Tuesday, 22 June 2010
Visit of the Vice President of the People’S Republic of China
- That the Senate—
- welcomes Xi Jinping, Vice President of the Peoples’ Republic of China;
- acknowledges the continuing concerns of the Australian people over human rights in China and Tibet; and
- expresses its hopes for a productive visit, including a frank and wide-ranging dialogue on matters of concern to both China and Australia.
The Australian government does not support this motion. As has been stated on previous occasions, the government objects to using formal motions to deal with complex international matters, particularly those involving other governments. The visit of the Vice President is indeed an important event in the Australia-China bilateral relationship. The Vice President has important responsibilities within China’s political structure and is likely to play an even more significant role in China’s leadership after the next congress of the Chinese Communist Party, scheduled for late 2012. The Australia-China bilateral relationship is a comprehensive and important one for both countries. It encompasses a range of mutual interests, which include substantial economic, political and strategic interests. It also encompasses issues where we have concerns.
The government raises those issues where there are differences of view, including those on human rights, and deals with them in a forthright and constructive manner through frank exchange and dialogue. Our concern over human rights issues in China, including in Tibet, were raised with the Vice President on Monday, I am advised, during his visit to Canberra. As the foreign affairs minister said yesterday:
A productive relationship with China, based on mutual interest and mutual respect, is unambiguously in Australia’s national interest.
The government are committed to advancing the full range of Australia’s national interests with China in every dimension, covering trade and investment, political dialogue, cooperation in regional and global affairs, strategic engagement, educational exchanges and cultural ties and including the views held by the Australian government and our community about political and developmental issues in China itself, but we do not support this motion, which is unbalanced in focusing on only one aspect of this important and multifaceted relationship.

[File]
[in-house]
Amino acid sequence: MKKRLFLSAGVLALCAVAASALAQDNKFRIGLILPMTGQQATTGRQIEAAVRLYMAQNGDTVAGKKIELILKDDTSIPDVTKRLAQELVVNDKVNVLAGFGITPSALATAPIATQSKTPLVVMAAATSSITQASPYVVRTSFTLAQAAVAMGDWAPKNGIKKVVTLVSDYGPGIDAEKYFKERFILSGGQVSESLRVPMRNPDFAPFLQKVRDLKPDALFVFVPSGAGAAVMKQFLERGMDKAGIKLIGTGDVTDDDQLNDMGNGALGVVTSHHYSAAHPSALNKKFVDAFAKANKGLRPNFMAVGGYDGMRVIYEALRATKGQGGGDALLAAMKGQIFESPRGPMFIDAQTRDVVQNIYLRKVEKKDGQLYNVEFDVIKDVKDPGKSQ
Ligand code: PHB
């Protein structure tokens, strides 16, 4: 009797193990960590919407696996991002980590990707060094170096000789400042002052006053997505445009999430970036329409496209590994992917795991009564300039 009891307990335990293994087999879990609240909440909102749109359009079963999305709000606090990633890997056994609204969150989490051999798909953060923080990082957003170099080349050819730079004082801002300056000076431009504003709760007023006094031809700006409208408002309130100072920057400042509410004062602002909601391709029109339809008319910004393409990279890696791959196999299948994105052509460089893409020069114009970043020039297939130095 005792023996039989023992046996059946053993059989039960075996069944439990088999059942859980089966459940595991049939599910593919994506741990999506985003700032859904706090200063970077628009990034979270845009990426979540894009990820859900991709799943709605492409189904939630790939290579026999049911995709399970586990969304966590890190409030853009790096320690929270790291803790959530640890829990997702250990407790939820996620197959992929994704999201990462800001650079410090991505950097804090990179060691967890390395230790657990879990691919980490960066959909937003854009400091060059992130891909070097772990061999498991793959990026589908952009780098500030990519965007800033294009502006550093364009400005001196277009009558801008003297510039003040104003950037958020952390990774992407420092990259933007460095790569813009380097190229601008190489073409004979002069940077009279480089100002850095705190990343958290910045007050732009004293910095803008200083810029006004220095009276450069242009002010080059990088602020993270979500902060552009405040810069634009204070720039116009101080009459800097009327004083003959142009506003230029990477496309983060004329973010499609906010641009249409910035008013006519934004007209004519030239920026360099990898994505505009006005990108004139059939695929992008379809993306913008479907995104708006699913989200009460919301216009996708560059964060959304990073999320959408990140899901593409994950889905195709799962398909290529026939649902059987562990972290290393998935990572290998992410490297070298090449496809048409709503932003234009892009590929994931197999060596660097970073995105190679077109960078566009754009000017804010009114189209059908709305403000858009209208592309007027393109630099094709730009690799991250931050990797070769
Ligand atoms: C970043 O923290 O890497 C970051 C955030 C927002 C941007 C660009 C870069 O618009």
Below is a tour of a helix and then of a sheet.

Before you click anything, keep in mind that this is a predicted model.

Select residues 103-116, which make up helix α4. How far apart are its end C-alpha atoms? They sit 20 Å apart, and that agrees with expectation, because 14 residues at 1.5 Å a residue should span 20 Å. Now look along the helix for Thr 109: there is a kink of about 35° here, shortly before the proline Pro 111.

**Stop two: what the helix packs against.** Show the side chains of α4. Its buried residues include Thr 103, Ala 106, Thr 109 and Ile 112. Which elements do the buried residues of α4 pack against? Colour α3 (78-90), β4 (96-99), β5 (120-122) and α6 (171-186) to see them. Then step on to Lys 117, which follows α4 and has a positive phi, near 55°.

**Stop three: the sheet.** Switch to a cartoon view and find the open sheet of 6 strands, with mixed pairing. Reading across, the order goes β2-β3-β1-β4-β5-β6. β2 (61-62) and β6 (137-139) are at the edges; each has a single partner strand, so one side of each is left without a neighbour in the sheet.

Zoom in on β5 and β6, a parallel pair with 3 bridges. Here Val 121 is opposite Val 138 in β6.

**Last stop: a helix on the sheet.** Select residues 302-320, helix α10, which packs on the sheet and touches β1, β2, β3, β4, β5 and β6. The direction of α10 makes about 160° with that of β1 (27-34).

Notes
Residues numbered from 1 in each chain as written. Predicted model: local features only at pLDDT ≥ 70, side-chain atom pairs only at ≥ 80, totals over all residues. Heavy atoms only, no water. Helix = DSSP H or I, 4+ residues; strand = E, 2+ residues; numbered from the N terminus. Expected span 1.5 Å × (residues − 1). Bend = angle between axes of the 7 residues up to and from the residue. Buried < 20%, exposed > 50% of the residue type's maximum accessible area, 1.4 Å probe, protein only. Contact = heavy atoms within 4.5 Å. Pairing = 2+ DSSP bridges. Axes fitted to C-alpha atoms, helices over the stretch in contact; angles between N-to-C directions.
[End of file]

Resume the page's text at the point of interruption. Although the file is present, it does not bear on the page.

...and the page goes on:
Having heard those comments by the minister quite a number of times now, I would like to note that we were in quite constructive discussions with the minister’s office over these motions. Minister, it is not that you do not like foreign policy motions going through the chamber; the ones you do not like are the ones you do not like being dealt with in this fashion through the chamber. It is not appropriate to go into the details of why negotiations fell down, but suffice to say that had we been able to come to an agreement with the government they would have waved this through. I do not understand why it is that we are continually treated to this lecture about not wanting to deal with matters in this way.
What is it exactly about expressing ‘hopes for a productive visit, including a frank and wide-ranging dialogue on matters of concern to both China and Australia’ that is offensive to all the senators sitting on this side of the chamber? I simply do not understand it and I think in a way it signals the Australian government’s view that Chinese governments are somehow immature and not able to hear these kinds of comments or accept these points of view. Welcoming the Vice President of the People’s Republic of China in a motion is somehow a complex and nuanced foreign-policy position.
Part (b) of the motion ‘acknowledges the continuing concerns of the Australian people over human rights in China and Tibet’, which the minister has just stood up and told the chamber were actually raised with the Vice President when he was here. That is the entire motion, and for some reason we have the entire chamber, apart from the Greens and perhaps the crossbenchers, about to vote against a motion that is no more or less than a statement of the obvious, welcoming the Vice President to Australia. It is somewhat unbelievable that the Australian government does not see fit simply to allow this motion to proceed. I should alert the Senate that I have another, similar motion.